Newton Faulkner: “Being able to trust my voice has made my guitar playing better”

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(Image: © James Sheppard/Acoustic Magazine)

After 10 years of backing bands, co-writers and lavish production, Newton Faulkner is back with renewed confidence and this time, he’s going it alone...

It’s strange to hear an artist with a decade-long career behind him say he’s only just found his niche, but for Newton Faulkner, his new album represents a renaissance born not from fancy production or following trends, but stripping things back to the core. This is the overarching theme on Newton’s sixth album, Hit The Ground Running.

The essence of his sound has always been him and his Nick Benjamin-built guitars - he now owns seven - but looking back over his previous albums, he realised that his vocals were unintentionally taking a back seat to production. 

The songs that had lots of space and were very vocally-driven stood out to me

“This time, I just wanted to do what I was good at,” he says. “If you listen to the album before, there are very few single vocals and everything is tracked at least three or four times. That’s a sound that I like and it’s Peter Gabriel-esque but it was kind of due to a lack of trust in my own voice.”

From his home studio, and with a little tough love from his co-writer brother (“He told me to write on my own this time, because I’d forgotten how!”) he began to build the foundations of Hit The Ground Running, writing songs that needed no production to carry them. 

“The songs that had lots of space and were very vocally-driven stood out to me,” he explains.

“Vocally, I’ve pushed myself further and in different directions than I’ve done on any of the albums. The biggest leap is trusting myself to carry songs as a singer and not rely on production and guitar playing.”

Swing Low

Low-tuning fan Faulkner discovered that thicker strings enhanced his sound.

“I’ve increased my string gauges and it sounds great. I’m tuned very low; my sixth string is a C. I’ve got a baritone that’s down in A, and at one point I was just using strings that you get over the counter and it was getting a bit rattly. We went up to 75s and its crazy string gauges; wound B-strings.

“The way that the pickup and the mic reacts to that is such a good sound. I now have a completely custom-gauge sets of strings which, to be honest, is a pain in the arse! I have to have a database for what strings are on what guitar, like an Excel spreadsheet.”

Fans might be a little surprised to hear that, after years of touring and releasing albums, Faulkner felt unsure of himself. He admits that he was wary of trying to compete in such a saturated market.

“There was way too many male soul singers at one point and that kind of edged me away from that style of singing. I just didn’t want to get involved in that; I didn’t think I was a good enough singer to compete,” he admits. It was his fans, though, that inspired him to do the very thing he was afraid of and go back to basics.

“I’ve had a few different setups and different bands but what people have always come back to saying is that it’s better on my own,” he says. “I think what that comes down to in the end is communication.”

During the live shows his new material will, says Newton, have a much more intimate quality.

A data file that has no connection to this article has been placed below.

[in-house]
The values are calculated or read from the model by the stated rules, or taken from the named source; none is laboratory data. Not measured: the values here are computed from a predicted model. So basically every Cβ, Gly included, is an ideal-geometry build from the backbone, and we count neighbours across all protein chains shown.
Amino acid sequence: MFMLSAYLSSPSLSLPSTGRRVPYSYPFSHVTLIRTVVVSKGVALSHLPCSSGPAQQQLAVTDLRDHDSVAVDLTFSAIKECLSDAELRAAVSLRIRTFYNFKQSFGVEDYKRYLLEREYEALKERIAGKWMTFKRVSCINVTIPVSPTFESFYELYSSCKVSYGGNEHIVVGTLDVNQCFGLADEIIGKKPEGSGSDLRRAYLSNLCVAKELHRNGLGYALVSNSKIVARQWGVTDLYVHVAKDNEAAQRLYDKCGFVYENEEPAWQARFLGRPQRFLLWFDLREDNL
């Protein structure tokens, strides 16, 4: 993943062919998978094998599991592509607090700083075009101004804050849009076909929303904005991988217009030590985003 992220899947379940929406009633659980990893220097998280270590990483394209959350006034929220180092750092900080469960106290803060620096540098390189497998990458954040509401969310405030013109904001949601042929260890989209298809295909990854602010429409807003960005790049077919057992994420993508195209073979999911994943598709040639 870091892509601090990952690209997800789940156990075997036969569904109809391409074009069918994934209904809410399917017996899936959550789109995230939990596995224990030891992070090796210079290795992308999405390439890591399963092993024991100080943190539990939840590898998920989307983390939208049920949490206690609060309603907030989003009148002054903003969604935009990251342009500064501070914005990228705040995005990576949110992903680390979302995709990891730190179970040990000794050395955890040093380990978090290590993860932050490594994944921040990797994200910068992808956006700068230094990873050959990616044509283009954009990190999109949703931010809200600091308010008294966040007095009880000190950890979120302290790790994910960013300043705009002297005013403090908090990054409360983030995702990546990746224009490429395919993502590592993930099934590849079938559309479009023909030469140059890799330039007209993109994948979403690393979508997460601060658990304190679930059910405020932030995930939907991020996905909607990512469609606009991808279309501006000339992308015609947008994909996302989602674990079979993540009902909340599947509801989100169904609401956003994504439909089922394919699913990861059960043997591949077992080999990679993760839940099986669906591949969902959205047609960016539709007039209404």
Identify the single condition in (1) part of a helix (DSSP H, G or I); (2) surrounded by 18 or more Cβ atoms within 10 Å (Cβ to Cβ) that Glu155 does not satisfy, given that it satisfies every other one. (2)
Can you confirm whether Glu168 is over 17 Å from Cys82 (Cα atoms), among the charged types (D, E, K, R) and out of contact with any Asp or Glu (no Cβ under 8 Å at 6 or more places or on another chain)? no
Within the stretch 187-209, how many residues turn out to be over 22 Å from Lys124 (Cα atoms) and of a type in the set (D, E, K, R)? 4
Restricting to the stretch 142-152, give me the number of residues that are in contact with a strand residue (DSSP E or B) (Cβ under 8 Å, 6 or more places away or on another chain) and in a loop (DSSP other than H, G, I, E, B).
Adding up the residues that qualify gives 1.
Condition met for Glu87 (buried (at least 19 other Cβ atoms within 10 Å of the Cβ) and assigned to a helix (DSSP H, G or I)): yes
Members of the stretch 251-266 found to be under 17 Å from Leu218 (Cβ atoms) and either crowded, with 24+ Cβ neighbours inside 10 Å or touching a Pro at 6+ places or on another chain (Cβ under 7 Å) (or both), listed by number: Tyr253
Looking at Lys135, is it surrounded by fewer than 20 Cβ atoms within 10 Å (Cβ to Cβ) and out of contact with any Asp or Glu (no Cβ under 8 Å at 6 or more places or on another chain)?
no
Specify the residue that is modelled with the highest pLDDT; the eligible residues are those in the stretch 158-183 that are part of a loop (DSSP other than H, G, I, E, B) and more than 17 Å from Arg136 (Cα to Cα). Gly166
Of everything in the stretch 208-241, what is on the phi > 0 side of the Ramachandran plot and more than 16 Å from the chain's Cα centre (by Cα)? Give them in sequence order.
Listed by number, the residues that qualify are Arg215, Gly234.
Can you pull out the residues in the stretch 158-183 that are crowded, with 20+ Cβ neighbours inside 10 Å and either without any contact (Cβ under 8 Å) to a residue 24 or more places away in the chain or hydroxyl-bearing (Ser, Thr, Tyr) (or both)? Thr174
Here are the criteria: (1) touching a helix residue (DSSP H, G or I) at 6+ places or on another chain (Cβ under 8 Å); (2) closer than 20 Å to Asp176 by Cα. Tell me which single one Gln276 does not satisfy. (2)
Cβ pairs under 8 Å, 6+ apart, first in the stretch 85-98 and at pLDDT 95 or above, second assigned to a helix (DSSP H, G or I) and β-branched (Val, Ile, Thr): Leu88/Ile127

“I’ll have the ability to improvise and make up the set as a whole. I can completely adapt that if it’s just me,” he says.

“A gig I did recently was seated, so I built things up a bit slower. Other gigs were the polar opposite where I’ve gone for maximum noise. You can’t do that with a band because people would look at you like, what the fuck are you doing?”

Stripping it down

Stripping things back hasn’t only improved Faulkner’s confidence in his own voice, but it’s improved his technical ability.

“I found I could sing!” he laughs.

“I’ve been working on it solidly for years. My tone’s been getting better, I’ve gained maybe an octave and a half. I don’t know what’s happened, but it’s considerably better than it has been. Being able to trust my voice has made my playing better; it’s more natural because I’m not trying to work too hard. 

“I did some writing with a friend of mine who’s a really serious backing vocalist called Kristin Hosein, and she’s an equivalent level of nerdiness, but with vocals. When I tried to do some of the stuff she suggested, I was like, ‘Shit, I can do all of this!’”

Faulkner may have re-emerged with only his guitar as company, but that doesn’t mean he’s scaling down his live setup.

“I’ve got an electric Nick Benjamin with MIDI triggers on all the percussive points. That’s got a separate output for the bottom two strings so I can run that through a bass amp with an octave pedal and make a huge amount of noise,” he says gleefully. 

“And a Pigtronix Infinity Looper and Roland PK-5; some of the stuff on them is locked to the click, so [the loops] are mathematically perfect. For the next tour I’m looking at having two different setups: one complicated all-feet-all-hands one to do stuff from earlier albums, then I’m also going to have a proper purist one,” he explains, “one mic and one line coming out, just guitar and vocal.”

Not only does 2017 mark 10 years since Faulkner released his debut, but it’s also the year that he found himself musically, and discovered that sometimes, less really is more.

Newton’s latest album Hit The Ground Running is out now on PledgeMusic.

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